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Surrey Academy Shock

November 7, 2010 6:00 AM
Diana Smith

"The details available are still sketchy and the gains for schools still unclear" says County Councillor Diana Smith

Stories suggesting all Surrey schools were on their way to becoming Academies appeared in national newspapers on 30th September. This was fortunate for local MP Michael Gove, Secretary of State for Education, as the Conservative party conference was due to start three days later, and even here in his home county of Surrey just one school was ready to become an Academy.

So how did it happen? According to Lib Dem County Councillor Diana Smith (Knaphill, Woking), a week earlier the council had sent a paper to Primary School Heads called 'Academies: A threat or an opportunity? Proposal to create a Surrey way forward.' But School Governors and Councillors had no warning of these headlines, let alone parents. Nothing has been formally decided. The plan was simply discussed between Secondary Head Teachers and the council during the summer.

Diana Smith said: "For Surrey, the problem is that if even a small proportion schools become Academies, taking funding away from the LEA as they go, it will be a disaster for those left behind. Back in July councillors were told that if the forty schools that have expressed interest all go, that might mean, for example, insufficient funds to continue behaviour support services."

"However the thought was that if all Surrey schools became Academies and at the same time Surrey set up a 'Surrey Learning Trust', to make sure services go on being provided and schools were able to work together, the Government might make it worthwhile for schools to co-operate."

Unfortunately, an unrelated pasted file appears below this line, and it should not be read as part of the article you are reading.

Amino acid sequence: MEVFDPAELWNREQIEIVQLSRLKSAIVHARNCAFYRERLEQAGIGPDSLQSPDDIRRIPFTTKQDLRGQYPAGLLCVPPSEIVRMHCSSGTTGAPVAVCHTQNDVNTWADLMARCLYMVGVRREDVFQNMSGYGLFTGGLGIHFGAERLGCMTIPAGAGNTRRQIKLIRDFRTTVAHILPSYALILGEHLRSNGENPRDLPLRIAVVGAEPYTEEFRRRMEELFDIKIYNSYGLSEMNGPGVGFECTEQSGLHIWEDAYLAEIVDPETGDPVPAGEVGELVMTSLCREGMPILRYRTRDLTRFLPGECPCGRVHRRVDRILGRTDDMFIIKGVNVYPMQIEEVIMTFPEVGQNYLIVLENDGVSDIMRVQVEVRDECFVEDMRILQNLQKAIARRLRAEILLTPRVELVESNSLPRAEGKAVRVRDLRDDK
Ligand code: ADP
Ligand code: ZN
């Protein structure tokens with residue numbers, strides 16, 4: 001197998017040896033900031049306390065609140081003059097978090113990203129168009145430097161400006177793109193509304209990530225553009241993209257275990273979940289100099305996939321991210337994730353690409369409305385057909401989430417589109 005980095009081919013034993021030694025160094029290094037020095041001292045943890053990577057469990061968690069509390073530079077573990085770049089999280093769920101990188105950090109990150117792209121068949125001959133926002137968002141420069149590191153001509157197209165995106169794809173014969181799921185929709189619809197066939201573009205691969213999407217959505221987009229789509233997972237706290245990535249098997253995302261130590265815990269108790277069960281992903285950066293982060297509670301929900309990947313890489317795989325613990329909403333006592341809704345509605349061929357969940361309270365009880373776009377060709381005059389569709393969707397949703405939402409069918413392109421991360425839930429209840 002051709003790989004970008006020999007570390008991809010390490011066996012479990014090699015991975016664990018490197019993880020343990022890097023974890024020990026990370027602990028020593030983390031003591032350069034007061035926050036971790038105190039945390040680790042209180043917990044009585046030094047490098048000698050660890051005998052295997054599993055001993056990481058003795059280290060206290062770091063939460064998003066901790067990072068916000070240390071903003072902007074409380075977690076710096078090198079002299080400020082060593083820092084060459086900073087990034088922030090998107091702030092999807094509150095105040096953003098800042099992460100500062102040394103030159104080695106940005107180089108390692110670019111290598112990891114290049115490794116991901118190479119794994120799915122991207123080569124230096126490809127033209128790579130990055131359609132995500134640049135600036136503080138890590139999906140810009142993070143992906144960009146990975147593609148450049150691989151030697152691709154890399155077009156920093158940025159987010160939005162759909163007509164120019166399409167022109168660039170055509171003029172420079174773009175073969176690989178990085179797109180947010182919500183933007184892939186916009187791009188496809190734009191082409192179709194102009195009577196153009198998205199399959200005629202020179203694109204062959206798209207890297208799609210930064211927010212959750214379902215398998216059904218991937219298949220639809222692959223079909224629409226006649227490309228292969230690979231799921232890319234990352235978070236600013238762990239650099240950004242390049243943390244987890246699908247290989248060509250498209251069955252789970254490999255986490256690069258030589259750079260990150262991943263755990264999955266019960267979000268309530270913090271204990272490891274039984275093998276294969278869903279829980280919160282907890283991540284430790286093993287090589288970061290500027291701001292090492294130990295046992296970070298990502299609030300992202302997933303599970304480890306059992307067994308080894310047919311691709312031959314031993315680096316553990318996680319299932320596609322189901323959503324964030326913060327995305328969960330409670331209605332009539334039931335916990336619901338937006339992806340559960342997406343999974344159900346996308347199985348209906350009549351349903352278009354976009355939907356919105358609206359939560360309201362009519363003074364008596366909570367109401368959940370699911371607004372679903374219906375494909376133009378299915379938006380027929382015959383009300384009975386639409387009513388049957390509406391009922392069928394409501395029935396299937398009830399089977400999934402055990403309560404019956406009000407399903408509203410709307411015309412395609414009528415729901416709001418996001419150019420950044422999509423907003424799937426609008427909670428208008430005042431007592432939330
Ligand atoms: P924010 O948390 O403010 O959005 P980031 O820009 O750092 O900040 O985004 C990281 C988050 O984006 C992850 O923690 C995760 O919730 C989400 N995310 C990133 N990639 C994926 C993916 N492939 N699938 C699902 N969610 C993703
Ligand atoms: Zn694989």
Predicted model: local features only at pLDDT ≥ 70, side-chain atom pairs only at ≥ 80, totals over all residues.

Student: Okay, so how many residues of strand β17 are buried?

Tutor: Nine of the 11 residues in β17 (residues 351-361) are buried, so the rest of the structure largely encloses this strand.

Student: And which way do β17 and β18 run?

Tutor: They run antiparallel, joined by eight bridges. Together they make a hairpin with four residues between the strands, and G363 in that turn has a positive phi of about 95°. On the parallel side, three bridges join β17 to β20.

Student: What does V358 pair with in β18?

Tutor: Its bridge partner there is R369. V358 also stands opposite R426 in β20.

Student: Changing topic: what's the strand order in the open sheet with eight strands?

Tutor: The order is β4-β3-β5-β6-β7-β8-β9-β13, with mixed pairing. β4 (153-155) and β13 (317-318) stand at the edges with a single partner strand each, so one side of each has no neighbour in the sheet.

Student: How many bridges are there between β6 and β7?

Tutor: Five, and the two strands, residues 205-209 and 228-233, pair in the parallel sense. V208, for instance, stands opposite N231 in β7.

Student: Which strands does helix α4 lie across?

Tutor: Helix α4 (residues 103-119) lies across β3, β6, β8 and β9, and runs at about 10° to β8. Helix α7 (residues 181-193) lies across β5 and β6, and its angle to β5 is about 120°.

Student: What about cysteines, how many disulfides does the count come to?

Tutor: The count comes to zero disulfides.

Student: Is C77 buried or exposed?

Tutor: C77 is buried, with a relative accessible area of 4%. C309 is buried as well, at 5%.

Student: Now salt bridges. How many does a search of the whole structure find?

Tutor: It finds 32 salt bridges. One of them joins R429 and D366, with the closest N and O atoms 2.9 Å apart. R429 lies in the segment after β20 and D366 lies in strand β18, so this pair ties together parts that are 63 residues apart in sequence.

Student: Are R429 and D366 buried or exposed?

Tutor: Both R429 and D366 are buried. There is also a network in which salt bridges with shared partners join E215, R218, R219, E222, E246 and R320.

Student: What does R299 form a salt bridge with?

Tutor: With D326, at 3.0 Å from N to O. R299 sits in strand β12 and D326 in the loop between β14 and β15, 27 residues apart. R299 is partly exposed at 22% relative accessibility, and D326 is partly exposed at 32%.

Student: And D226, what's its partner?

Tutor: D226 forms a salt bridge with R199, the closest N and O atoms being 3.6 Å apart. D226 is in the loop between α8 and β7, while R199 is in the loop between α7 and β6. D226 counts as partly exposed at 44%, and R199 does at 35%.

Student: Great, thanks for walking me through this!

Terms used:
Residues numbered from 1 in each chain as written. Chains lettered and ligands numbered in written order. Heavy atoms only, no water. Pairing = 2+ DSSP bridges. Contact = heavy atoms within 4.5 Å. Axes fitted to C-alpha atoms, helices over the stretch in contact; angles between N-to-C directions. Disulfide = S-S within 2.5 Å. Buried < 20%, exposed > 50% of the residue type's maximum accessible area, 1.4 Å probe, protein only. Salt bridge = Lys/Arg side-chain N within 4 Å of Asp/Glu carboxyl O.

"It is difficult to say what is wrong with Academies with any precision, because the details available are still sketchy and the gains for schools still unclear", Diana concluded.

Surrey Liberal Democrats are deeply concerned about how this outline scheme would work in practice:

  • What about school place planning? The Council will need to retain effective 'strategic oversight' of school places funded by public money, and the means and power to act as necessary to ensure enough school places are available.
  • Will Surrey be able to give needed support to all state funded schools as part of monitoring the quality of provision, in particular in terms of work with disadvantaged pupils? For example, improvement of outcomes for children excluded from school needs to be effectively taken forward and this needs collective action from schools.
  • Although selection of pupils by ability is not foreseen as an option for Academies, every school would become its own admissions authority. Even with a coordinated admissions system, the process could be made more complicated and potentially unfair.